The aim of my research is to explore the role of microorganisms in the breeding and evolution of our crops. Microorganisms bring a missing ecological dimension to our breeding efforts, when we understand that the traits of a plant are not only governed by its genes, but by its intimate interactions with its diverse microflora. Try as we might, we cannot separate plants from the microbes with which they have co-evolved for millions of years. Once discarded as “contaminants”, or environmental “noise” that gets in the way of “pure” plant science, plant-associated microbes are increasingly recognized as an essential piece of the plant’s story. Moreover, these microbes force us to consider the ecological forces that are setting the stage for their interactions with plants. We must call into question the ecosystems in which we are breeding these plants. Should these plants be bred in “controlled” environments without regard to their complex ecologies, or should we take seriously the ecological context of plant breeding? Are there general interactions between plants and microbes that can and should be packaged and sold across the world, or should plant breeding efforts necessarily be local and distributed, as they were historically?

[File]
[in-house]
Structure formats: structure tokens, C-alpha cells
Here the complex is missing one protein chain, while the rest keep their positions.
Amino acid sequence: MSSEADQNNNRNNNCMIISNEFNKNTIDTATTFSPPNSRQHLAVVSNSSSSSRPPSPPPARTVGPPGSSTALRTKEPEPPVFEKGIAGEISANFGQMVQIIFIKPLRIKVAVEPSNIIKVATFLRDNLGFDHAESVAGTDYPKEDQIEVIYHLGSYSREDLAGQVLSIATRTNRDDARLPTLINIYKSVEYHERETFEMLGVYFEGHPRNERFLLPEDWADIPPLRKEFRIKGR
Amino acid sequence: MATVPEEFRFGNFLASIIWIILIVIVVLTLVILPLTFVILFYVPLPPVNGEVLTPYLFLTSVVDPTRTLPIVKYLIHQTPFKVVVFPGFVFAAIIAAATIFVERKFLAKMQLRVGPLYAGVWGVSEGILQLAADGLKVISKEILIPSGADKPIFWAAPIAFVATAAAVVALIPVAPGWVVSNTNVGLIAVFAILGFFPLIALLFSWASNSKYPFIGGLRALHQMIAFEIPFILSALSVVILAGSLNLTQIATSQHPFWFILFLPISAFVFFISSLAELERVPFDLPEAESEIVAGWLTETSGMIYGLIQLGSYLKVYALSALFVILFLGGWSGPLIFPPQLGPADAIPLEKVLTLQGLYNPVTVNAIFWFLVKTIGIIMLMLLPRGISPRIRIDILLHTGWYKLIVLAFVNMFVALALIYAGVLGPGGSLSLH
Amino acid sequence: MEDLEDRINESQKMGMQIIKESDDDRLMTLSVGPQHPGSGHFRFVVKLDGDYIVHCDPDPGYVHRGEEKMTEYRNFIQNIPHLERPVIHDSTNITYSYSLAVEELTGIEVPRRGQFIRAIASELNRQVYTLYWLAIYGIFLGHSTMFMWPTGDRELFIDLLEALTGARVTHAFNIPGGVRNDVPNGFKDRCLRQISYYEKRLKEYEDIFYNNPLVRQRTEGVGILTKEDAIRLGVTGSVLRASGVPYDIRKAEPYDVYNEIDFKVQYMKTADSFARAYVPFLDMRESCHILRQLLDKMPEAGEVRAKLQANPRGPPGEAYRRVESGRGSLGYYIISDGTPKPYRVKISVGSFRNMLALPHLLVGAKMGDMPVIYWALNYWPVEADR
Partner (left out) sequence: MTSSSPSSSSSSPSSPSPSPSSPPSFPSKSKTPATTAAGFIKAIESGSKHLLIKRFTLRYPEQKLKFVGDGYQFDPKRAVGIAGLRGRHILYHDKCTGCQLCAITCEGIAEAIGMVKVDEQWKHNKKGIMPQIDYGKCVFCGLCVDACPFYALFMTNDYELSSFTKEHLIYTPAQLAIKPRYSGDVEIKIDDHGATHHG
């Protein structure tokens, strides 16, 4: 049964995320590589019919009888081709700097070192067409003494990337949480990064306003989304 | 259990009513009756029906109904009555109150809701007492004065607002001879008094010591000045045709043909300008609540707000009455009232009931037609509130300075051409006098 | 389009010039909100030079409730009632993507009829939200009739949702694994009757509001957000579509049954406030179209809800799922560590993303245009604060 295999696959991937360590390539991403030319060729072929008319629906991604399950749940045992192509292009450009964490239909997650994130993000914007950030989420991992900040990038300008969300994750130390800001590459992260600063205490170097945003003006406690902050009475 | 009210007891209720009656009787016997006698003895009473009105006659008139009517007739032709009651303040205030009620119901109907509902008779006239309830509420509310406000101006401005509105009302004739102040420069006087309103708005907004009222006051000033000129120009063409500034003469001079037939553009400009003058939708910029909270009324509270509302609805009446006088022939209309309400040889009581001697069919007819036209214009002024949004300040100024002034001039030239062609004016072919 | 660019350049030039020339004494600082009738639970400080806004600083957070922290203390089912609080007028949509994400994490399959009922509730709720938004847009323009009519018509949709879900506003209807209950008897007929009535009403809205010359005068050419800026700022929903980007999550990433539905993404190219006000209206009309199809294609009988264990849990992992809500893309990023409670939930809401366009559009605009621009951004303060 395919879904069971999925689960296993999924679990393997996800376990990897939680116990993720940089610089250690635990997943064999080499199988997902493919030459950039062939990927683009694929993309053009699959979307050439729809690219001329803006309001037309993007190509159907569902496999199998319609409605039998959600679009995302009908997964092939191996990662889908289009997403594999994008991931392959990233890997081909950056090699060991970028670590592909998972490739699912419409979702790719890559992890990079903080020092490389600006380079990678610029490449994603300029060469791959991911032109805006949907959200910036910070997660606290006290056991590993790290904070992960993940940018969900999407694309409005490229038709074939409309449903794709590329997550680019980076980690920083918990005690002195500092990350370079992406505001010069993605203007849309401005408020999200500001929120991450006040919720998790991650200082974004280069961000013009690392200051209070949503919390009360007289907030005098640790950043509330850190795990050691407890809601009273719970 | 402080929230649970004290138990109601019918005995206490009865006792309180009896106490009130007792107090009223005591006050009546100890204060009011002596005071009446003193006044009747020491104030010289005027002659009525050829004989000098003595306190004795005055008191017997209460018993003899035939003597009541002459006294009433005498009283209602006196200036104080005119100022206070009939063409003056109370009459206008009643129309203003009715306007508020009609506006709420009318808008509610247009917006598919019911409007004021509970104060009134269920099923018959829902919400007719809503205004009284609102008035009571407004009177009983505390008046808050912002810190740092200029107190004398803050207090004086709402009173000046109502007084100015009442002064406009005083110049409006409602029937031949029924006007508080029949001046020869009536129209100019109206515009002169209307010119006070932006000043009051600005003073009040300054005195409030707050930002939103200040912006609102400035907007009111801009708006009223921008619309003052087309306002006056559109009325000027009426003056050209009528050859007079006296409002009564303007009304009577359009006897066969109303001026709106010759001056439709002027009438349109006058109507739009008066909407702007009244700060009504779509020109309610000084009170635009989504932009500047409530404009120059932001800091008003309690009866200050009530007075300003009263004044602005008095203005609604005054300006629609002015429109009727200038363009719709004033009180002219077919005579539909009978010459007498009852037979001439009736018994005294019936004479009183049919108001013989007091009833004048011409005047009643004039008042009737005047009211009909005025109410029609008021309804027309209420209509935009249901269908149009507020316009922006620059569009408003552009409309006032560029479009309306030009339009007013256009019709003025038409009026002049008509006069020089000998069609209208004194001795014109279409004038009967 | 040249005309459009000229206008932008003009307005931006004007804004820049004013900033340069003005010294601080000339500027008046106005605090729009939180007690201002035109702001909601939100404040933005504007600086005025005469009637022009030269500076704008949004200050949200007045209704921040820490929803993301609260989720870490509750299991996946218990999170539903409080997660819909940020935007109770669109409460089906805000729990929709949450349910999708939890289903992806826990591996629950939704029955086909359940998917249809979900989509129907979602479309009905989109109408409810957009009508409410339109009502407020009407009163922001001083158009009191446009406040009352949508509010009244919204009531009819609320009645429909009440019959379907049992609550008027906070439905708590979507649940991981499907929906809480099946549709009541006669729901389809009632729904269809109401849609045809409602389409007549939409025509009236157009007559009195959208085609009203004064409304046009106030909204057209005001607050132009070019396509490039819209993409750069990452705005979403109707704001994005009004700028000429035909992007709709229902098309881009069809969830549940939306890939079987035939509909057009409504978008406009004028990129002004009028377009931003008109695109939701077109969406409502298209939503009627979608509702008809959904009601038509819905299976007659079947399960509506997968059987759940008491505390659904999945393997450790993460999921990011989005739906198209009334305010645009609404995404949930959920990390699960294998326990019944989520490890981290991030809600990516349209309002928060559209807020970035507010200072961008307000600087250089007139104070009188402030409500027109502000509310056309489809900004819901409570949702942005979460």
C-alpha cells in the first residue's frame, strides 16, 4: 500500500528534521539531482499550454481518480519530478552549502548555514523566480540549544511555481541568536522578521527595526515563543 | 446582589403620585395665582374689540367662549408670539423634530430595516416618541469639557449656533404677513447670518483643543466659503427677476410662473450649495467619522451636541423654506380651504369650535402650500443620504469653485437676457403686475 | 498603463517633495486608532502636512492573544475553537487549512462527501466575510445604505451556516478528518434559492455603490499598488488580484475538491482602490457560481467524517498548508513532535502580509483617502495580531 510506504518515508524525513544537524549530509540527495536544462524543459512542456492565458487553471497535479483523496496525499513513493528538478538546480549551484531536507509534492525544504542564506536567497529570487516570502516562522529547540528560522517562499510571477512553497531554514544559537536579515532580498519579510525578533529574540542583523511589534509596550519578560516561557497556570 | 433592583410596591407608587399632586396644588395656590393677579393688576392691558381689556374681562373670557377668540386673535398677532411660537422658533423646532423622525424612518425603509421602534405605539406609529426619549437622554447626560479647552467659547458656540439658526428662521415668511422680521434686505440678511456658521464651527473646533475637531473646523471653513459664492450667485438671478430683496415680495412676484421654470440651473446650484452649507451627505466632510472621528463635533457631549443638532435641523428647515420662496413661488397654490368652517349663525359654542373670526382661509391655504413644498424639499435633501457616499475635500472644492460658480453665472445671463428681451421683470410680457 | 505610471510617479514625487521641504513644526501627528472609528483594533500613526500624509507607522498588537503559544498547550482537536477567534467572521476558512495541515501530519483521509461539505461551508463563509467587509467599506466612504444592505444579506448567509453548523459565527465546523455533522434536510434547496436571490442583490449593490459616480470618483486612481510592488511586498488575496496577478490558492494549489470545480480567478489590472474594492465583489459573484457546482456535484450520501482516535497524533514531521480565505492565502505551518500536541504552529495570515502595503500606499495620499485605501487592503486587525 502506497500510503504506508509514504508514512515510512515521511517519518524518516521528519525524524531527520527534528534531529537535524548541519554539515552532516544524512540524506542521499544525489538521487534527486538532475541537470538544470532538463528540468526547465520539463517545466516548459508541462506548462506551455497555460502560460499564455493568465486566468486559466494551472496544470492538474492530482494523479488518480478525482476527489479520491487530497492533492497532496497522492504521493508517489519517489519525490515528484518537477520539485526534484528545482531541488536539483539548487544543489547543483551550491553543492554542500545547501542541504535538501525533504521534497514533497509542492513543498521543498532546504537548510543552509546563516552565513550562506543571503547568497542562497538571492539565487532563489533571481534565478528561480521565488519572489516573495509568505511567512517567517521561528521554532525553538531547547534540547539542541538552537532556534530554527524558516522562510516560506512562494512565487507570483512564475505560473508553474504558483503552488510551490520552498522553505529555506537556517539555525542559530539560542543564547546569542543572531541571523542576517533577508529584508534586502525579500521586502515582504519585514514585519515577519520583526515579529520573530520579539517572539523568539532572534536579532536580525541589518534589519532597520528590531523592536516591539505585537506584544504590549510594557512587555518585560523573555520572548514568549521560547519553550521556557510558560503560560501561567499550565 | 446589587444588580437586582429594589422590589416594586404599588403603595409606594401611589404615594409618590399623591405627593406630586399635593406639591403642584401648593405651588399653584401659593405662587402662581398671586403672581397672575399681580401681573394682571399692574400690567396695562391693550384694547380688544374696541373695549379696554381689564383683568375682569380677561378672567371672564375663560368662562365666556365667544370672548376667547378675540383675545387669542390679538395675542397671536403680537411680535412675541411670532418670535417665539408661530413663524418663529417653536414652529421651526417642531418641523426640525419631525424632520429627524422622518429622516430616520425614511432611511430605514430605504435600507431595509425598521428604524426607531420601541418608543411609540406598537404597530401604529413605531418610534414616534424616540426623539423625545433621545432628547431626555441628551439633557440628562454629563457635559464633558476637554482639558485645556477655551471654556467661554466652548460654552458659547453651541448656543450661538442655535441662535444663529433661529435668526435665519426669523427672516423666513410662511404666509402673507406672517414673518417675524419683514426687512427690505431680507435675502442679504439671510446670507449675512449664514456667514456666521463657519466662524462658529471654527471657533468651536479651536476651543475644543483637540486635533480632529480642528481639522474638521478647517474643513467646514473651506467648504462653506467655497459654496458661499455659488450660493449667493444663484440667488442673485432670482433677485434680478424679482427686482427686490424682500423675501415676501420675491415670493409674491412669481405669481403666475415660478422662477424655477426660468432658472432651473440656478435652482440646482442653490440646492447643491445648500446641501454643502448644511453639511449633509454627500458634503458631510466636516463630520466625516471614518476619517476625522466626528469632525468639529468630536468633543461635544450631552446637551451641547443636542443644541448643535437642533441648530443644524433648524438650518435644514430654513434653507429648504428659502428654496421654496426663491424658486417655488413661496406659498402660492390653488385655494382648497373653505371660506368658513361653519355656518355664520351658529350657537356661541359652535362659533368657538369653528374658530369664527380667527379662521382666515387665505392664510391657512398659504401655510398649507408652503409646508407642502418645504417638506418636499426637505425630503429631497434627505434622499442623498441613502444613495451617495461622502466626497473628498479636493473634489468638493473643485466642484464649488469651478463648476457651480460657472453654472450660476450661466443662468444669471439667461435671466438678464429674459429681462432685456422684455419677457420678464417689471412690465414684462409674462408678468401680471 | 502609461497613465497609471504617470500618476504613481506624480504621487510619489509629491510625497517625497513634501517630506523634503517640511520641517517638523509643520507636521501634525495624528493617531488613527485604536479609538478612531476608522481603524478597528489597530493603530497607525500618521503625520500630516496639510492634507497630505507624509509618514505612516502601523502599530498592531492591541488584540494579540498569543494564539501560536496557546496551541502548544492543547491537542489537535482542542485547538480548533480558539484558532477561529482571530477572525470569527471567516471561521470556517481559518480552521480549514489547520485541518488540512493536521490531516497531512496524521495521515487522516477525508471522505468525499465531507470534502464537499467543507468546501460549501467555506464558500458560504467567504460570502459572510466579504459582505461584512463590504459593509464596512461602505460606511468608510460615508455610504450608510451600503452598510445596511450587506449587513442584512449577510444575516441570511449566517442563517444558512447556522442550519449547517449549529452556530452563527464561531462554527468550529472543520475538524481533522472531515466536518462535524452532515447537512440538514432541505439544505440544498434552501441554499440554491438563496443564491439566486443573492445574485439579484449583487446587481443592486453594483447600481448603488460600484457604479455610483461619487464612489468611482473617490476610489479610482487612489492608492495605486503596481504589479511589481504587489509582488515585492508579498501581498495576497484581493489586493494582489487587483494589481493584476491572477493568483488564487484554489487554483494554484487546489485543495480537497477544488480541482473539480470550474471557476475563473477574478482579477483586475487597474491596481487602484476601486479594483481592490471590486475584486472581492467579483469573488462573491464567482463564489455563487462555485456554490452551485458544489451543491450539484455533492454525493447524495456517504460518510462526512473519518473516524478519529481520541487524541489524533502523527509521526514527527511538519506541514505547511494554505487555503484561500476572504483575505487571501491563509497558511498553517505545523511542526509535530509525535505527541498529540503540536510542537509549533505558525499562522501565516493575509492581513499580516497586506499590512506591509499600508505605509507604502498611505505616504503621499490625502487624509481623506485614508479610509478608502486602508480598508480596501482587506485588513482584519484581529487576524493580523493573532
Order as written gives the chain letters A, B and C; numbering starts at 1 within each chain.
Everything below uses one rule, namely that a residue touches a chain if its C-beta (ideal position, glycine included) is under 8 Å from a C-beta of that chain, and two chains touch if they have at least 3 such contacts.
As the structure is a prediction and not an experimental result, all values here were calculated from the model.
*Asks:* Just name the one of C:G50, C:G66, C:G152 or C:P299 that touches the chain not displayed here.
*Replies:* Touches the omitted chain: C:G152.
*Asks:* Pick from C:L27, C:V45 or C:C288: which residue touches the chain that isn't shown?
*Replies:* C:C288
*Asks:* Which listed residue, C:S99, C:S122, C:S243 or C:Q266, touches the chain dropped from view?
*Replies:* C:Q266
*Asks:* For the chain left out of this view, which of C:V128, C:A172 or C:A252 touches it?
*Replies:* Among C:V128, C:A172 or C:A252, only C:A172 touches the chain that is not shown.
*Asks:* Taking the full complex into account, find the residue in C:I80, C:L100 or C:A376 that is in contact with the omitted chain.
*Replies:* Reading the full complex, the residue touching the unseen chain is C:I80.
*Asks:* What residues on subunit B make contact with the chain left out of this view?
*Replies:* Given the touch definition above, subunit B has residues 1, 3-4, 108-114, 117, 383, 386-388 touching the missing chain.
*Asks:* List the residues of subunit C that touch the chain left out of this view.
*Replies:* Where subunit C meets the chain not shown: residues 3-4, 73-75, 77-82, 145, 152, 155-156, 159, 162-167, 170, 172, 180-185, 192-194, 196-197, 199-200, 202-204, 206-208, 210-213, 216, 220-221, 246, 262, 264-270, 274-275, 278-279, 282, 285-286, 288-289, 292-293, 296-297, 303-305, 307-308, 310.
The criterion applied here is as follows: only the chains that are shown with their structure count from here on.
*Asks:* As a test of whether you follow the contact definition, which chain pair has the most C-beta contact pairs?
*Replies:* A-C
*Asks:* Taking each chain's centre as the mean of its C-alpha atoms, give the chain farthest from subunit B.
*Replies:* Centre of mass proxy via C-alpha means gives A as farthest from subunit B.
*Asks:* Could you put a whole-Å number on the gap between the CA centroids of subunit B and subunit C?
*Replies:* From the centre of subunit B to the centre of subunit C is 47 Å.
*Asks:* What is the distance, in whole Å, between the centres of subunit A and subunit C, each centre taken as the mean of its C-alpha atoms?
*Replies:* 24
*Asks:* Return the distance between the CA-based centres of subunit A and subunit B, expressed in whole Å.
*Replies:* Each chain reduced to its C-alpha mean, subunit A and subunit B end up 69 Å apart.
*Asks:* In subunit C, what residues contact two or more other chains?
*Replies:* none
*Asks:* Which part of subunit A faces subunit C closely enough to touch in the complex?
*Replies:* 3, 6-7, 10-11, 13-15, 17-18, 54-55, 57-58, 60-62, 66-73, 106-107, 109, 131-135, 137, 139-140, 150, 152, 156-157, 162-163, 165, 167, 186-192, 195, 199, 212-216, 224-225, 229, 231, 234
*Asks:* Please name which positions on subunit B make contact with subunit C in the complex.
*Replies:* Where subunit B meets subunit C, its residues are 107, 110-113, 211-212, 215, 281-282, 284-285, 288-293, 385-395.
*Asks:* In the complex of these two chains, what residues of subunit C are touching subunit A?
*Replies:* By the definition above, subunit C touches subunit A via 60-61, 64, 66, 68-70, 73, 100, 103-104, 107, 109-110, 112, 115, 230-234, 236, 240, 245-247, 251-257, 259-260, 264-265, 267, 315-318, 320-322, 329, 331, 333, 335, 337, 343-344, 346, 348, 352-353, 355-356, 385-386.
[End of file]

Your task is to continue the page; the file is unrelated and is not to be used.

We still have a lot to learn about the role of seed-borne organisms in our agriculture, and the nature or their inheritance. However, their presence within seeds calls into question the convention of treating seeds to remove pathogens, and force us to consider our seed storage and seed germination environments. We can be certain that seeds appear to pass on far more information than their genes alone.

Proposed and Ongoing Experiments

About Me

3 comments on “About the Project

  1. Madeline says: